Apple reportedly betting on drones and indoor data to make Maps better

Drones go places cars can't.

Apple has been working to dramatically improve its Maps app ever since it’s botched launch back in 2012. And it’s been successful: Maps is now packed with great features, thanks in part to Apple’s fleet of minivans capturing on-the-ground data. But it’s still not Google Maps, so Apple has a new plan.

According to Bloomberg, the company is reportedly planning to use drones to quickly update Maps with fresh data, like road conditions, street sign changes, and construction updates, and other information that car cameras would have difficulty photographing.

Last fall, Apple applied for permission from the Federal Aviation Administration to fly its drones for commercial purposes, back when that was restricted. Now the FAA has guidelines in place for commercial drones, but the rules prevent companies from flying drones over buildings or people.

New Maps features coming soon

Apple isn’t just trying to beat Google at its own outdoor mapping game. The company is also trying to compete with indoor mapping, which would let you use your iPhone to find your way around large, busy buildings like airports and museums. The technology comes courtesy of indoor mapping startup Indoor.io, which Apple bought last year.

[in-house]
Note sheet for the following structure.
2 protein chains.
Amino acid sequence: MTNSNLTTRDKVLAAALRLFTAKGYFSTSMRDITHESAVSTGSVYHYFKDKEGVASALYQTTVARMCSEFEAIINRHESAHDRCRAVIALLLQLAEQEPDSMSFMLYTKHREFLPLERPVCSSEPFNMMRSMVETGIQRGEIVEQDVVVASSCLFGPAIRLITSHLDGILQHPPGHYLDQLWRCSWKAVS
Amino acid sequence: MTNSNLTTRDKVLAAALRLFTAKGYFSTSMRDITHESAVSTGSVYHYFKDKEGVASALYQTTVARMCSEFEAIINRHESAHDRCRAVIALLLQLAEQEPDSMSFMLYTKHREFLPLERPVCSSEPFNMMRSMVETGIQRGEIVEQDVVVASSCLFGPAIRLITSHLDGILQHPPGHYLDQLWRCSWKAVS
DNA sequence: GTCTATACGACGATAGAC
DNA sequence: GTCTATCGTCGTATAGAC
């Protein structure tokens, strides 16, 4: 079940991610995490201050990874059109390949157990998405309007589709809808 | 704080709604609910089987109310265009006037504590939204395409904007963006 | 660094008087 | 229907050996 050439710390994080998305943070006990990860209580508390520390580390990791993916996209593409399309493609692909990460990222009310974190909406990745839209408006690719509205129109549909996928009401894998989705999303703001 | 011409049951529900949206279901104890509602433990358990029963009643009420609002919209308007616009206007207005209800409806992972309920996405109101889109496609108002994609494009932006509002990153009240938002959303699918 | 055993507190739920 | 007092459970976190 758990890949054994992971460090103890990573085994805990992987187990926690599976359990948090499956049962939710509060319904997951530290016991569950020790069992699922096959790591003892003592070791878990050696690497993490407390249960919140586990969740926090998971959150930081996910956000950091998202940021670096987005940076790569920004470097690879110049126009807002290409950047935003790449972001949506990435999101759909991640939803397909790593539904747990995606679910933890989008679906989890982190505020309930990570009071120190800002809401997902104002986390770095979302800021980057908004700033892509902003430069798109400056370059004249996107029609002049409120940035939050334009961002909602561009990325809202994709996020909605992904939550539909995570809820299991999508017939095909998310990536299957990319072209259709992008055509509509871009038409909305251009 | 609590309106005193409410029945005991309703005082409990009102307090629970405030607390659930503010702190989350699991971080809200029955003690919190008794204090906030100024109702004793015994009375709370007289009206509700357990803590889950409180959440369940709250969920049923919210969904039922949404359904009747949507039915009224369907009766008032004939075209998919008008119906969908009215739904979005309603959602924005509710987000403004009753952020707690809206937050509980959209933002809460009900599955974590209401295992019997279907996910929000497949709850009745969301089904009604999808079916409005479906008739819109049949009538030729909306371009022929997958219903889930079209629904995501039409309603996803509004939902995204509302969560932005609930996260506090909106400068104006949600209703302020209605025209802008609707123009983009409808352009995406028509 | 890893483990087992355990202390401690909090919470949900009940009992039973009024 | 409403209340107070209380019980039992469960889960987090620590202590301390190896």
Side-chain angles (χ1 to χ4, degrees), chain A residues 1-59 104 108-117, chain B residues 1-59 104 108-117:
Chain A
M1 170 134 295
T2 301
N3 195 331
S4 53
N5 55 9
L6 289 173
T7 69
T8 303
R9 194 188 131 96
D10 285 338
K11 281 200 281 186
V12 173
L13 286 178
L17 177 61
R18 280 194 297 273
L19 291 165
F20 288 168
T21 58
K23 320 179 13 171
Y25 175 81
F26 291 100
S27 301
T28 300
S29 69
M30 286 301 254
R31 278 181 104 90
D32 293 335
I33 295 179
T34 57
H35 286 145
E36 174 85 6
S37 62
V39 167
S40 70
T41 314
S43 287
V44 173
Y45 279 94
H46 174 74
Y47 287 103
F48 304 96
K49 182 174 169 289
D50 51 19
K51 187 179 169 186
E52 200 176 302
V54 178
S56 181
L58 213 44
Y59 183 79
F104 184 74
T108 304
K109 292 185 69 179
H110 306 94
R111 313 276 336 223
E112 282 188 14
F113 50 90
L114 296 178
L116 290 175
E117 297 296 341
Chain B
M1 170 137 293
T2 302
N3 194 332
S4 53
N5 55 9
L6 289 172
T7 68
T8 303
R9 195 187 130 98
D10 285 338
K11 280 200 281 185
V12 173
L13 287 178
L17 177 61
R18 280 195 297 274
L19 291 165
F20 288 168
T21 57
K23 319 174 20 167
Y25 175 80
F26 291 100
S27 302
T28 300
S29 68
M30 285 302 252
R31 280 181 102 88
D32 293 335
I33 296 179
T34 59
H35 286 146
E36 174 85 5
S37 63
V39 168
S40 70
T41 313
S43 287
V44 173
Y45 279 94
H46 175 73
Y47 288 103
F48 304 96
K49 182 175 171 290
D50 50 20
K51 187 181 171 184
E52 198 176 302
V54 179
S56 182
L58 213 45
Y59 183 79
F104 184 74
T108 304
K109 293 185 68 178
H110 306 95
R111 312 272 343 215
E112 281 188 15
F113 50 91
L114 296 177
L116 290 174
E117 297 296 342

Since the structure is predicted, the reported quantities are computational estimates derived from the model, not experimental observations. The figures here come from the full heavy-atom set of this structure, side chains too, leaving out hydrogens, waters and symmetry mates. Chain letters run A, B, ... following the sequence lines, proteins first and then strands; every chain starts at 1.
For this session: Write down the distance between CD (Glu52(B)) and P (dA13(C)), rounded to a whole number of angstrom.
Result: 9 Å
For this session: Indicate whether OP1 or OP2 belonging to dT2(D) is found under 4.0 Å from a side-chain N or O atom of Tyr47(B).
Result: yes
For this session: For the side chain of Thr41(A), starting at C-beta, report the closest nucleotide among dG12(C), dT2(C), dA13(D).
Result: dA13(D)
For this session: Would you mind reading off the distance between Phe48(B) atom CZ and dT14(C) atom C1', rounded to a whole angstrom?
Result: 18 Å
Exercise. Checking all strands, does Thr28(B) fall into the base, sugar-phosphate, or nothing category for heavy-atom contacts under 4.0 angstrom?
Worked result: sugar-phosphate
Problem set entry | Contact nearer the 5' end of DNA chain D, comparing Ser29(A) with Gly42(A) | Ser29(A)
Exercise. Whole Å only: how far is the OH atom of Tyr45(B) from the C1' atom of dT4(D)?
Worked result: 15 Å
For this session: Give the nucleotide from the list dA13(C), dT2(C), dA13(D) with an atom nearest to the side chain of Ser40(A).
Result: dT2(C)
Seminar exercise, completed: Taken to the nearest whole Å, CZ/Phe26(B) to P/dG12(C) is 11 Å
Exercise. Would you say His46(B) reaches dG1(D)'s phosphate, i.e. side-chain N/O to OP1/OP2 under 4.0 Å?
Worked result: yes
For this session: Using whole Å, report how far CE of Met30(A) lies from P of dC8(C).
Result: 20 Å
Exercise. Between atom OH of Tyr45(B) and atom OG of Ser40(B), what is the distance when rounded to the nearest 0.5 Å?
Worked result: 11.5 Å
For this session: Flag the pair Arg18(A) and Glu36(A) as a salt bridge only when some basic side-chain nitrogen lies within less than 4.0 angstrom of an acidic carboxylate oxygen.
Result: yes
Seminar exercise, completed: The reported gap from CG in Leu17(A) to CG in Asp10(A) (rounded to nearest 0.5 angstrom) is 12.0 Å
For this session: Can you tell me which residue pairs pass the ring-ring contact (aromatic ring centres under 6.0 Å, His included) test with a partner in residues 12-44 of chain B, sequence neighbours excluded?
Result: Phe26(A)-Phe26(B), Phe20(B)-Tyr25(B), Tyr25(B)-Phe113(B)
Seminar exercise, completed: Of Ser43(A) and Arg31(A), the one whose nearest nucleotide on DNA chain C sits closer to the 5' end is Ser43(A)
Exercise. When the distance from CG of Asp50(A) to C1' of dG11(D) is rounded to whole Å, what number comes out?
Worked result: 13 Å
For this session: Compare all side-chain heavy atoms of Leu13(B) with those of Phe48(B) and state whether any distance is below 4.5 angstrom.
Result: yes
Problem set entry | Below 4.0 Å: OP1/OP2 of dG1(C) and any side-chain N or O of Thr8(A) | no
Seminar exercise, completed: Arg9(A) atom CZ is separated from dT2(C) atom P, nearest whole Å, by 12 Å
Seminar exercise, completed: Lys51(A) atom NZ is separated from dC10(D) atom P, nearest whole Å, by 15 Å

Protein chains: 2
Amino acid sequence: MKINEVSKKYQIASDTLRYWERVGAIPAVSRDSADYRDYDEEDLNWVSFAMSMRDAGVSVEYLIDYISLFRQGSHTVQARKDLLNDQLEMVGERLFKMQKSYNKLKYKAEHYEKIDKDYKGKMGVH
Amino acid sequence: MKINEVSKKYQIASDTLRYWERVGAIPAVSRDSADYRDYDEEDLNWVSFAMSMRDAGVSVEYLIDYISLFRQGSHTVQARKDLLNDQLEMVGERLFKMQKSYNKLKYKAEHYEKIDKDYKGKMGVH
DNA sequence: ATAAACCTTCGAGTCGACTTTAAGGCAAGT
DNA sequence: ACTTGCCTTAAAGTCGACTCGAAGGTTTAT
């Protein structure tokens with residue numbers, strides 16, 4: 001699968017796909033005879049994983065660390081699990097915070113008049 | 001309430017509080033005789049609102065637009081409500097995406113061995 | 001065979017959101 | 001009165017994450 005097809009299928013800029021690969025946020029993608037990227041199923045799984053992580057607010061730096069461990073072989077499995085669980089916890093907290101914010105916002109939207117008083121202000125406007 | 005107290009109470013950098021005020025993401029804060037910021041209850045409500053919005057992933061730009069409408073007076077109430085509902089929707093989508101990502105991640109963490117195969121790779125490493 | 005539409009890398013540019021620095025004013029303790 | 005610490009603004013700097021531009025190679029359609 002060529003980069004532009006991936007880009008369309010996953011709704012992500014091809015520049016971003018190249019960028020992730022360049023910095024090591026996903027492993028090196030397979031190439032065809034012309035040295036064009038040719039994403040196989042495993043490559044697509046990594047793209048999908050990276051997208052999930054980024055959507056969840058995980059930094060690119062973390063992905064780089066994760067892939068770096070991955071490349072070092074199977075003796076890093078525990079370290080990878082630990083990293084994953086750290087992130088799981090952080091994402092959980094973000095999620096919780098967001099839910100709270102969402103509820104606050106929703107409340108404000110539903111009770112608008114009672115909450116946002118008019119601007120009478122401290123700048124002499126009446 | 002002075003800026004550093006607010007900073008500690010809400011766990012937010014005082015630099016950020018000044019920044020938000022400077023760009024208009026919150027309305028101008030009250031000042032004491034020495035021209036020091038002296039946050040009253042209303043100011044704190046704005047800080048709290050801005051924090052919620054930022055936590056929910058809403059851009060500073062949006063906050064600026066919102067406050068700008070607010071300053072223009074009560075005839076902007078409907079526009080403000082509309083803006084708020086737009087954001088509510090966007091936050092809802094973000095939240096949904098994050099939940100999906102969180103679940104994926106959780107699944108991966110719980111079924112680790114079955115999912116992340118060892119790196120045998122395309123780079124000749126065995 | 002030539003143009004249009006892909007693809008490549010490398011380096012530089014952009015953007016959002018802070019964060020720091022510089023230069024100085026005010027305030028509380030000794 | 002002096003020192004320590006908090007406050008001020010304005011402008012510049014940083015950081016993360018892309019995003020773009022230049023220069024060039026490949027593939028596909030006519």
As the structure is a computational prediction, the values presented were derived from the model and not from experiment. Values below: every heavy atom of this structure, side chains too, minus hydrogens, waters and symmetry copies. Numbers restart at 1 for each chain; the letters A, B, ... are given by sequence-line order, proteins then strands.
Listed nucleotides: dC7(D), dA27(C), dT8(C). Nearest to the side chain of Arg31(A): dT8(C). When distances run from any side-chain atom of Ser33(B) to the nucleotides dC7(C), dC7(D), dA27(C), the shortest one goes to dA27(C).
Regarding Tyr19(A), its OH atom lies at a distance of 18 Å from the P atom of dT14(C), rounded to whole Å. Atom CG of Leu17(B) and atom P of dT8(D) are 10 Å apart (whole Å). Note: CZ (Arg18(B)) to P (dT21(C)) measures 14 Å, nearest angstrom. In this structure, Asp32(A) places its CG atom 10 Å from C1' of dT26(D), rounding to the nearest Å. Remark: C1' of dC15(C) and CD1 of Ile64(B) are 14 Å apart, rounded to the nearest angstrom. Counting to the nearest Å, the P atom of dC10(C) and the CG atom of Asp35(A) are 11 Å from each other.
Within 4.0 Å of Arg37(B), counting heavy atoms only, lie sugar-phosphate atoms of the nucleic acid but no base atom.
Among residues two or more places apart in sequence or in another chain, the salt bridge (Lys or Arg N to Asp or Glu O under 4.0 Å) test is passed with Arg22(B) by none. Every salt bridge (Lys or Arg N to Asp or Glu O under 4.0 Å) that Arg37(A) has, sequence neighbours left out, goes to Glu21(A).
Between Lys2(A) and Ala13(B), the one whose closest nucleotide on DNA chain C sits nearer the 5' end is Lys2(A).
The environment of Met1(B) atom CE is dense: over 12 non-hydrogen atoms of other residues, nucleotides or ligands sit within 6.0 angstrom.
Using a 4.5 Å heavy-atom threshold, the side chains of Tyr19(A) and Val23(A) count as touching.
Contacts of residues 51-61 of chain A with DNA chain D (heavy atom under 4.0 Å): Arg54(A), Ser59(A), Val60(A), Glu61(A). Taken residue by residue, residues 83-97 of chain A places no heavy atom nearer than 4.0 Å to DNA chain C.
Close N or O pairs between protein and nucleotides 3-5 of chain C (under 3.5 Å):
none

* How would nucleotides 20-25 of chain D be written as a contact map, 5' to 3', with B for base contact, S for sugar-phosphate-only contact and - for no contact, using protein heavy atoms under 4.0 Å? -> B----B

Apple has been interested in indoor location-tracking for years, using the iBeacon protocol with indoor positioning to allow venues to send notifications when you’re near a physical Bluetooth touchstone (and have Bluetooth turned on with the venue’s app installed). We saw this in action with MLB’s At the Ballpark app at Citi Field, home of the New York Mets, back in 2013.

Google Maps already offers indoor maps, and it’s unclear if Apple’s will be more sophisticated or simply on par with the competition. Either way, Apple’s rumored Maps upgrades are significant, and a sign that Tim Cook and co. really are betting big on services—even ones that don’t contribute outright to the company’s bottom line.

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Caitlin McGarry

Macworld.com
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